*Punt returns continue to be a problem. Washington averaged only 4.3 yards on three returns. It goes beyond the returner, though. The Redskins have several rookies on their return teams. But notice how Antwaan Randle El was not back for any of Dallas’ three punts. DeAngelo Hall muffed one, validating HC Jim Zorn’s concerns about ball security back there.

*Dallas QB Tony Romo totally paralyzed the Redskins’ pass rush with a play-fake on his first-quarter touchdown pass. DT Albert Haynesworth was completely fooled and even followed RB Marion Barber out of the backfield. As a result, Romo had 5.1 seconds to throw. He eluded DT Kedric Golston and used all of that time to find WR Roy Williams in the back corner of the end zone.

*S Reed Doughty did well to hold onto his first career interception despite colliding with CB Justin Tryon. After CB Carlos Rogers broke up QB Tony Romo’s high throw to WR Roy Williams, Doughty made a nice diving catch. Doughty’s an interesting case for GM Bruce Allen going forward. He played his best this season as a strong safety and really impressed in the run game when lined up near the line of scrimmage. However, LaRon Landry could possibly move back to strong safety, and where would that leave Doughty? He’s a restricted free agent, so the organization has some decisions to make. Doughty’s among the nicest guys you’ll find inside that locker room, and he has significantly matured as a player.

*SLB Chris Wilson fulfilled his backside contain responsibilities on Dallas’ second-quarter reverse out of the Wildcat formation. He helped force a 13-yard loss on the play. Wilson made the same transition to linebacker that rookie Pro Bowler Brian Orakpo did this season, and he takes immense pride when he makes a quality play as a linebacker. This was one of them.

*The Redskins couldn’t stretch the field for a variety of reasons, including pass protection issues. NBC reported early in their telecast that an NFL-high 77 percent of QB Jason Campbell’s passes this season have been within 10 yards of the line of scrimmage. I’m sure that surprised no one who has followed this team. The short passes are partly a product of the West Coast scheme and partly the result of the coaching staff’s decision to scrap long-developing plays from the game plan.

*Campbell held the ball for 4.2 seconds on NT Jay Ratliff’s first-quarter sack (can you tell my new phone has a stopwatch function?) RG Mike Williams didn’t sustain his block until the whistle, but Campbell should have known he can’t hold the ball that long behind this line and against Dallas’ pass rush.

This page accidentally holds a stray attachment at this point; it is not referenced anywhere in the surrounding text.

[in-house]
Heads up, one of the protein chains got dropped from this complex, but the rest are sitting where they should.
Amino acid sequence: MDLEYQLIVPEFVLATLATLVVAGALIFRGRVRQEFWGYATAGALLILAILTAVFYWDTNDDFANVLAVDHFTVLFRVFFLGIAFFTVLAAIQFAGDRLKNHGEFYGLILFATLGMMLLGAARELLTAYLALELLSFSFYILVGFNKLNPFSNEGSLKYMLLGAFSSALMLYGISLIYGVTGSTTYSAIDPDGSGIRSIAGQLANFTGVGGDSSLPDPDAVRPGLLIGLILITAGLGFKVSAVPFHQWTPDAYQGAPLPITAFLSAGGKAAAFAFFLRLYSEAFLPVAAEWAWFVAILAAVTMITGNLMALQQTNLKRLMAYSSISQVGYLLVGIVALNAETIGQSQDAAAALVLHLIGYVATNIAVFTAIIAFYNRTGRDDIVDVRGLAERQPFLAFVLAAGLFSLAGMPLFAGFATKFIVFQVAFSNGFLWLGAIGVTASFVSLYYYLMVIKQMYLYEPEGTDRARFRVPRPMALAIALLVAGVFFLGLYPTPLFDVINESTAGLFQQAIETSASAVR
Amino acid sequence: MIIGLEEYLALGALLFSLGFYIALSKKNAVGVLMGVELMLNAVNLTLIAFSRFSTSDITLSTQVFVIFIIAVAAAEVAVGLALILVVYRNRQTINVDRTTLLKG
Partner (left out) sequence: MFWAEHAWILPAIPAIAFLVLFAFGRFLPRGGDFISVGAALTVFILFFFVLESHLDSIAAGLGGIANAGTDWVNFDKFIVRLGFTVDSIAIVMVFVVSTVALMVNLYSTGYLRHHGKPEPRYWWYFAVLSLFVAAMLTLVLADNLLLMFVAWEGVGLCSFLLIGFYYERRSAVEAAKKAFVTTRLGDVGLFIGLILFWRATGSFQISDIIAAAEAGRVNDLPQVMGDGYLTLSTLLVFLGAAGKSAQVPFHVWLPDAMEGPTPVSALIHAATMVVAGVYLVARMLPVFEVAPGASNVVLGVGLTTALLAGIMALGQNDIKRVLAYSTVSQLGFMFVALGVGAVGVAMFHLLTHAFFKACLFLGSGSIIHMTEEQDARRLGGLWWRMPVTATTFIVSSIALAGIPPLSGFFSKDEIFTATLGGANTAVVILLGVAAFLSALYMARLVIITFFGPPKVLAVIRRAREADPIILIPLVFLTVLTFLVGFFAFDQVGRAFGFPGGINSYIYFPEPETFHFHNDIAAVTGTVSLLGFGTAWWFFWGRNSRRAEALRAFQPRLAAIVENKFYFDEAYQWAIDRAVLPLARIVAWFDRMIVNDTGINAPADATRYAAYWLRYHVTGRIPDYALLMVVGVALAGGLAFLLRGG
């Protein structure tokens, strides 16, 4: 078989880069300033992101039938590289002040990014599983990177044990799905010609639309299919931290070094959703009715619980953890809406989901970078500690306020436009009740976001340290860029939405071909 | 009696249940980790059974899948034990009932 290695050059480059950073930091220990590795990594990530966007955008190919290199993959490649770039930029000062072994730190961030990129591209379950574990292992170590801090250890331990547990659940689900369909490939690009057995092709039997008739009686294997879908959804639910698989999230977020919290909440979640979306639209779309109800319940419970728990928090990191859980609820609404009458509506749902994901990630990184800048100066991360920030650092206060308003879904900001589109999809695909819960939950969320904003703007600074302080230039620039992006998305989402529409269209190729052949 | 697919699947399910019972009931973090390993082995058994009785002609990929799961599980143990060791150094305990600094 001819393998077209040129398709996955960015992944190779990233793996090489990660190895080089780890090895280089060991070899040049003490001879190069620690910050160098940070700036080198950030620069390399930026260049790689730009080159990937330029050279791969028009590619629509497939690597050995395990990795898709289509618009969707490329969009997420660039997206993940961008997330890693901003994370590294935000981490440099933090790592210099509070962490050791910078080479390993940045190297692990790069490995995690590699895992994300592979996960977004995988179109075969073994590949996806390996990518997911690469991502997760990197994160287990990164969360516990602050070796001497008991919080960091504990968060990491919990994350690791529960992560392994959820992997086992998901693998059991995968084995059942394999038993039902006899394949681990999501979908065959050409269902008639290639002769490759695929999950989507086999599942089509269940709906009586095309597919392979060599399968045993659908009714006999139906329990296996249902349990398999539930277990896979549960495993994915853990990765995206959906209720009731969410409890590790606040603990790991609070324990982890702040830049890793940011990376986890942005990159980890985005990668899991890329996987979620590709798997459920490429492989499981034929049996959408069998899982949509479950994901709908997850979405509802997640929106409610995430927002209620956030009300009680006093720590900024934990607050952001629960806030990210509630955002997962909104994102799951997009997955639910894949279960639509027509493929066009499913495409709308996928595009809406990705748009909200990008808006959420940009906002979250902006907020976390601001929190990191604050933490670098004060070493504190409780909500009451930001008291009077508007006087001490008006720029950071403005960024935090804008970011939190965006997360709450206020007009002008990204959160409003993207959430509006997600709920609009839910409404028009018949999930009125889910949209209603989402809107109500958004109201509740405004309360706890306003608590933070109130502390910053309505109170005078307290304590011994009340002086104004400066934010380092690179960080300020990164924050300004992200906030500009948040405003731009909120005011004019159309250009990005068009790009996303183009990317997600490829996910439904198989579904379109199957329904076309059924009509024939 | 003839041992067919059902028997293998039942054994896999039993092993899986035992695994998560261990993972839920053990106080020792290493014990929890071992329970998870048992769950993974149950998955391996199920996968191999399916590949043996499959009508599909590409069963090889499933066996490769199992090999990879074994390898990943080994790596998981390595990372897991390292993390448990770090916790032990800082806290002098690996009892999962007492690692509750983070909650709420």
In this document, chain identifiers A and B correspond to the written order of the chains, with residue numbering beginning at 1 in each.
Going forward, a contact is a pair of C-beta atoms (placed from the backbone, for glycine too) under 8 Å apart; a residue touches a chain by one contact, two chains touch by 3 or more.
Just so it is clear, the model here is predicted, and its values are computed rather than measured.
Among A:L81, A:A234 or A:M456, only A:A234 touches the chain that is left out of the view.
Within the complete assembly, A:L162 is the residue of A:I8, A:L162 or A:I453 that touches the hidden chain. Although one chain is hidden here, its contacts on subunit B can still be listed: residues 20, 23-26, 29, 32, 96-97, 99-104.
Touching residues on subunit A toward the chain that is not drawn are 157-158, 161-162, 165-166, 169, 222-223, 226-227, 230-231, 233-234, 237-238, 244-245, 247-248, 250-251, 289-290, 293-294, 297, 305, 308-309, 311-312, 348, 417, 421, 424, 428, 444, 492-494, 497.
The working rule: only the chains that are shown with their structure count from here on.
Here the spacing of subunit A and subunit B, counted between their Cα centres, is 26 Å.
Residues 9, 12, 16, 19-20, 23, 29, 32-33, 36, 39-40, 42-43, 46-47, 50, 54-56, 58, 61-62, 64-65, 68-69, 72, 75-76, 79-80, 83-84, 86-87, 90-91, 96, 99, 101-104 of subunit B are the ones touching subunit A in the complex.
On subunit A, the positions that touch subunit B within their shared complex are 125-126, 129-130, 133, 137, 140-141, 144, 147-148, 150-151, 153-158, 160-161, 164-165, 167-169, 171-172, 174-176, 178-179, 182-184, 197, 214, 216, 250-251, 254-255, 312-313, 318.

*Nicely executed quarterback sneak on third-and-1 in the first quarter. LG Derrick Dockery got enough of ILB Keith Brooking to help Jason Campbell get the first down. I don’t recall many QB sneaks by the Redskins this season.

*NBC analyst Cris Collinsworth dropped an interesting tidbit during the replay of WR Santana Moss’ 29-yard catch-and-run on a second-quarter screen pass. He said that Dallas coach Wade Phillips told him that the Redskins don’t have big-play capability beyond Moss, and that if Cowboys stopped Moss they’d be OK. This is what other teams think of the Redskins’ offensive personnel, folks.

*WR Malcolm Kelly threw a quality downfield block on Moss’s 29-yard catch and run.

*Collinsworth criticized Jason Campbell for pump faking and being indecisive after the second-quarter sack on which Campbell was stripped of the ball after his knee hit the ground. That was a designed pump fake, though, that was supposed to confuse the coverage and help open up a deep throw to Moss. Campbell pumped after his three-step drop and then tried to reset, but the pass protection broke down, preventing Campbell from going to his backside progressions. Blame for that one belongs to the pass protection, not Campbell.

*Campbell got blasted in the third quarter when CB Orlando Scandrick came unblocked from the left side on a corner blitz. On the third-and-8 play, the Redskins sent four wide receivers and TE Fred Davis down the field on pass routes, leaving no running back or tight end to help with pass protection. Given the myriad pass protection problems the Redskins have had this year, it’s a beyond troubling that’s the approach they took on this play. Only 1.7 seconds elapsed from the snap until Campbell was hit. The play had no chance, and Campbell was badly shaken up. When he says the punishment he’s taking is "unfair," perhaps this is what he’s referring to.

*DT Cornelius Griffin flashed a bit in the first quarter. He split a double team on Phillip Daniels’ sack, forcing QB Tony Romo to step up where Daniels could haul him down. He also shed G Leonard Davis’ block to tackle RB Felix Jones for a two-yard gain.

…what’d I miss? Shoot me an email, post a comment or hit me up on Twitter @Rich_Campbell.